As the boat docks at the pier of Manipur village, the team from the Southern Health Improvement Samity (SHIS), our field partner in the area, is ready to get off with equipment for the day’s clinic in hand. My colleague, Shruti, and I look at each other in horror as everyone effortlessly walks across the precarious plank of wood connecting the boat to the land. We are already dreading the number of times we will have to make this trip today. Apu Mondal, who has been working as a paramedic in the Sundarbans since 2001, smiles at us and says, “It isn’t as scary as it looks.” In the Sundarbans, this is just a way of life.
For Apu, a wobbly bridge is hardly an obstacle; there are more significant challenges to overcome when it comes to making sure that the people on these remote islands have access to basic healthcare services.
The largest mangrove forest in the world, the Sundarbans is home to over 4 million people. Though largely uninhabitable, people continue to live on these remote islands because of the abundance of natural resources. The forests provide raw materials for wood-based industries, the tidal water is ideal for pisciculture (fish farming), and the mud from the riverbanks is used in making bricks. Agriculture is mostly limited to growing rice.
Living on these islands isn’t without its perils. There is a looming threat of being attacked by the Royal Bengal tiger on land or by crocodiles in the water. Adding to the woes is the remoteness of these islands and the resulting lack of access to basic infrastructure like hospitals and transportation.
SHIS reaches the people who live on these scattered islands through their mobile boat clinics. Boat no. 4 (the one we are on) goes to six different islands every week. SHIS has three other boats covering different routes. For most of the population who live on these islands, this is the only health service they have access to – especially pregnant women who otherwise would have to make long, arduous journeys for regular check-ups or to deliver.
A local community center at Kanmari village is the site of today’s clinic. After explaining how to take the multivitamins to a pregnant woman, Apu tells us, “The multivitamins are a boon for pregnant women. Since their access to nutritious food is very limited, the multivitamins help them remain healthy during pregnancy.”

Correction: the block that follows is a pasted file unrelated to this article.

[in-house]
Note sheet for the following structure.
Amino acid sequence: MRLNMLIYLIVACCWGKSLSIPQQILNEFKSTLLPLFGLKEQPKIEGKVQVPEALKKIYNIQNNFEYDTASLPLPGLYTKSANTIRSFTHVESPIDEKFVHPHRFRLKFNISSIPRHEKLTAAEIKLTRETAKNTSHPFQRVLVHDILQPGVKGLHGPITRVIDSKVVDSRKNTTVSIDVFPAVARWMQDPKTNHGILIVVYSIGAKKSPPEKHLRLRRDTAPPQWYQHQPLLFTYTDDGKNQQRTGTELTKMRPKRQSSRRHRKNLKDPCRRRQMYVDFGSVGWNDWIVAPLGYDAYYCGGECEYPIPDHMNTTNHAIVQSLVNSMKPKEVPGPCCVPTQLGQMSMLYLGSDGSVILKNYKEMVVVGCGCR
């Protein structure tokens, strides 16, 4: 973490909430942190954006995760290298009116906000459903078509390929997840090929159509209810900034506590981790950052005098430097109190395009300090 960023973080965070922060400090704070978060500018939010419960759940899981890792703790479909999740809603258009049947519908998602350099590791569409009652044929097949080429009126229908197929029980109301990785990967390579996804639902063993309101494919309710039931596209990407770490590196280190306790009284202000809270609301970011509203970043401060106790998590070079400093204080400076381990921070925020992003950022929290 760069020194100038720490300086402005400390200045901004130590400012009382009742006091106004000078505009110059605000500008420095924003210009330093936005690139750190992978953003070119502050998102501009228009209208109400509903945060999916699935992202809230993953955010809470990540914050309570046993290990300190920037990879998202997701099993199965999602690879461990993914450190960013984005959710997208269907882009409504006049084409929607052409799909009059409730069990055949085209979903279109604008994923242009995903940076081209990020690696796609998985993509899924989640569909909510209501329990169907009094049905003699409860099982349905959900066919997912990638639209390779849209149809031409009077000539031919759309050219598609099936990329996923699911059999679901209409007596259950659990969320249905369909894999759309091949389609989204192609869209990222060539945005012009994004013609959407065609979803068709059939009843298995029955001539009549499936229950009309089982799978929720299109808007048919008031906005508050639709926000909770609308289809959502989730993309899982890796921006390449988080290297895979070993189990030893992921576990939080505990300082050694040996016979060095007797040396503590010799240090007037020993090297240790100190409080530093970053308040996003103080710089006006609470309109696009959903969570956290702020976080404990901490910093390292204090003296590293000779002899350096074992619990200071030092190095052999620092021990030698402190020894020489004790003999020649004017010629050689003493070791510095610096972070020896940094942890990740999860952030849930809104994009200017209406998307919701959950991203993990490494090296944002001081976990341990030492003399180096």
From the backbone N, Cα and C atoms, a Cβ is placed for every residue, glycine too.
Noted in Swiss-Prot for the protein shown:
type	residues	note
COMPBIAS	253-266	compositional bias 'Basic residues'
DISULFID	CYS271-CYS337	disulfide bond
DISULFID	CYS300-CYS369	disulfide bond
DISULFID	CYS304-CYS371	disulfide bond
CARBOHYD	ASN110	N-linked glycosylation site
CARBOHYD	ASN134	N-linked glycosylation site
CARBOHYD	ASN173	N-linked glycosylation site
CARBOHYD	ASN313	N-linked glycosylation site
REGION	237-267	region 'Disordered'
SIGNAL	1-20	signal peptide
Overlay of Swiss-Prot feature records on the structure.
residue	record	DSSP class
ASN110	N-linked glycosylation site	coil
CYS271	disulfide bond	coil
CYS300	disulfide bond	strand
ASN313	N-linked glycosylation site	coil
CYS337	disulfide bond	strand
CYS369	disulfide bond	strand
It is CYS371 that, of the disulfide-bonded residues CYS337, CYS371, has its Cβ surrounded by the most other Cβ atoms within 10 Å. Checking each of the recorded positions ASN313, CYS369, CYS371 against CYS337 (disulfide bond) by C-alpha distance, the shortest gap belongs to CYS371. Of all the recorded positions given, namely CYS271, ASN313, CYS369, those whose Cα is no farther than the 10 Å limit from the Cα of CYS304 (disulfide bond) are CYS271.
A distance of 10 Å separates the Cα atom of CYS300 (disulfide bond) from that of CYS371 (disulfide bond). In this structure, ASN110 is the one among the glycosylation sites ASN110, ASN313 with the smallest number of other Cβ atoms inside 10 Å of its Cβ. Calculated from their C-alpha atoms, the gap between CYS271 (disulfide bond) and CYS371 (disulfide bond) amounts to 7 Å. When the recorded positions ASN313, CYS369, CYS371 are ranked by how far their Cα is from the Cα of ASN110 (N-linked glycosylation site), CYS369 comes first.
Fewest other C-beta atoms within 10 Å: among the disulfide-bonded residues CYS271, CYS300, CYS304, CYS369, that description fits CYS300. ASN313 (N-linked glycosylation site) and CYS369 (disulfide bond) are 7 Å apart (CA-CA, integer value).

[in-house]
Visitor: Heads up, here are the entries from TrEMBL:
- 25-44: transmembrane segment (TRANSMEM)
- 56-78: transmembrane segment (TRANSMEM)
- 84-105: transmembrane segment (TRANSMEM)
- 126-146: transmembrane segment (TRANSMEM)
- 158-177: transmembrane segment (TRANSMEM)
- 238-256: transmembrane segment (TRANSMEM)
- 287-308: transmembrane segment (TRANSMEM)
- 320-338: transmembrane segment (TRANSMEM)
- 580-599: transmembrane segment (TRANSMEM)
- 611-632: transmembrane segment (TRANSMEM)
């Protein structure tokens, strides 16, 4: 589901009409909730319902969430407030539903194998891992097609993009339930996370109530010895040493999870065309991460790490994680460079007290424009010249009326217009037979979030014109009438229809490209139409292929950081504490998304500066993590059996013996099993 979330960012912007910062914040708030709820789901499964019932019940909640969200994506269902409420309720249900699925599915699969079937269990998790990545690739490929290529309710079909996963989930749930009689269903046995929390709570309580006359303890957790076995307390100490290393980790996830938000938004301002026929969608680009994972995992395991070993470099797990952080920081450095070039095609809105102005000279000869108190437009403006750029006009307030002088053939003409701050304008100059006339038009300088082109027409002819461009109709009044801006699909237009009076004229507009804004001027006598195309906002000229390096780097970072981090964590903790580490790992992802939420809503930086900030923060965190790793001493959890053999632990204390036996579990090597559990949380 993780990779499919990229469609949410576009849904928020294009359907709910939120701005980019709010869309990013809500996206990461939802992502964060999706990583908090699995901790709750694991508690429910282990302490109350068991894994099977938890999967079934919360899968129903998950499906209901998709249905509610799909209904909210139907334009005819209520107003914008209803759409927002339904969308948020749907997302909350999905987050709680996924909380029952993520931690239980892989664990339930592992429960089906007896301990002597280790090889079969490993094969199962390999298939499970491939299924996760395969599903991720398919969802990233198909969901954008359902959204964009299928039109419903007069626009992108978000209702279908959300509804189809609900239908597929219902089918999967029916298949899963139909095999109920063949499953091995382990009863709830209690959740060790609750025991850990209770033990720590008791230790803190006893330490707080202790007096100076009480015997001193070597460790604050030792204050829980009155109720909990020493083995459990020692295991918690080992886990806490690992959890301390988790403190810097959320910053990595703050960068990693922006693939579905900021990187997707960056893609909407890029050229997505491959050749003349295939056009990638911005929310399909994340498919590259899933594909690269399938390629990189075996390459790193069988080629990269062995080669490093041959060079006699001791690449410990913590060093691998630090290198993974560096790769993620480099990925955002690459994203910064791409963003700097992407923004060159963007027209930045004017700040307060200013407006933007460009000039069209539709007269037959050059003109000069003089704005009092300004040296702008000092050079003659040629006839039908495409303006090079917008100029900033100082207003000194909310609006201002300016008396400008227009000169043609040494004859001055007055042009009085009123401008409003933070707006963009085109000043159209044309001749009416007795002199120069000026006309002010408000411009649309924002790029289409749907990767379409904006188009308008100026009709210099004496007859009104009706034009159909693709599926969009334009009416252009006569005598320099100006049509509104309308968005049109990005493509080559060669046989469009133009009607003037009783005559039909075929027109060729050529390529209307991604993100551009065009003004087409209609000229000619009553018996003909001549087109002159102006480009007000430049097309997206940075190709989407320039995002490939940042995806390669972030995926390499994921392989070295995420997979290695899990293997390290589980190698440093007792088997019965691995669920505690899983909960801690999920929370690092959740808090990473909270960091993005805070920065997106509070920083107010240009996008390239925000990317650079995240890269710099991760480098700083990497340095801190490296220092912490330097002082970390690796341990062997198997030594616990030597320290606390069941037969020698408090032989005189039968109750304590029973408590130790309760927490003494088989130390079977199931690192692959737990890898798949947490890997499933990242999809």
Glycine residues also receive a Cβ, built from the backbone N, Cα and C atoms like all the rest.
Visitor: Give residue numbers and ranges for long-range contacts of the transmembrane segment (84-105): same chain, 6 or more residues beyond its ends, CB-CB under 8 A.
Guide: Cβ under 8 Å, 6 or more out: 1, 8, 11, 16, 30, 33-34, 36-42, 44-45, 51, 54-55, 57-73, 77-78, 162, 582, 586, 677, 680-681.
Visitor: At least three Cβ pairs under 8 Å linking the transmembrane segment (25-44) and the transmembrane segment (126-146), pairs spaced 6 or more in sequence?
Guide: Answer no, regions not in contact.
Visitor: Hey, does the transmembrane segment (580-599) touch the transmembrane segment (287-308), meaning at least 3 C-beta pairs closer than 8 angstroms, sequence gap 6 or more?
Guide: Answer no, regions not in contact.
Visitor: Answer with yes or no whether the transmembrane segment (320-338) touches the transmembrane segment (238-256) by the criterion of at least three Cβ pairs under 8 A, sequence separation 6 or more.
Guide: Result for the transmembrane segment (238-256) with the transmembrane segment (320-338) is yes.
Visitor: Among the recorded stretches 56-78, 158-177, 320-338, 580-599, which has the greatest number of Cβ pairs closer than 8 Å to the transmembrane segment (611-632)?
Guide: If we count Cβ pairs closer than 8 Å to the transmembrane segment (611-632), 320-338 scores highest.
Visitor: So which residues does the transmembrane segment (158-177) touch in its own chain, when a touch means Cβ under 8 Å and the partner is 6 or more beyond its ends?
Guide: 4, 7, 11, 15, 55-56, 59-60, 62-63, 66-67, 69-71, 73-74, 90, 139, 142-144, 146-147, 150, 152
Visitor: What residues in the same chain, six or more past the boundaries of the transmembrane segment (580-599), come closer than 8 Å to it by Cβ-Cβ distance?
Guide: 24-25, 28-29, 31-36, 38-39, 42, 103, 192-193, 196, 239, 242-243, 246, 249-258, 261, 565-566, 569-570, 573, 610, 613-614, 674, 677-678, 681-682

With a degree in History, Apu joined SHIS by chance. “It was on the job that I learned how to collect blood for tests, how to use an X-Ray machine, about WaSH and counseling pregnant women and new mothers on health and nutrition amongst other things.”
While the job started as a means to an end for Apu, after seeing how she has been able to help her community, it became a way of life. “In the last 17 years, I’ve realized that you need to go the distance if you want to make a difference. You have to understand the community’s fears, accept their beliefs, and that’s when they begin to trust you and let you in. I tell them that it is okay if you follow your customs, but it is equally important to get your children vaccinated and make sure they receive supplements.”
On our last evening, Apu invites us to her house back in Sandeshkhali. Her chatty three-year-old niece welcomes us at the door! We can see how happy Apu’s family is to meet her colleagues. Even though we speak different languages (Bangla and Hindi, respectively), we can sense the pride Apu’s family feels about her work. Over hot cups of coffee and samosas, Apu tells us how she has seen a considerable shift in the community’s attitude towards health. “People know the importance of vaccinations, vitamin supplements, and deworming. Now, there is nothing that gives me more joy than interacting with the communities we serve on a weekly basis. They are like a second family, and nothing makes me happier than seeing them healthy.”
Southern Health Improvement Samity (SHIS) has been a Vitamin Angels field partner since 2012. Headquartered in south 24 Paraganas, West Bengal, their areas of focus include healthcare, education, environment and general welfare of the people living in the Sundarbans. Through our partnership, SHIS is reaching 19,000 children under-five with Vitamin A and albendazole and serves 500 pregnant women with prenatal multivitamins
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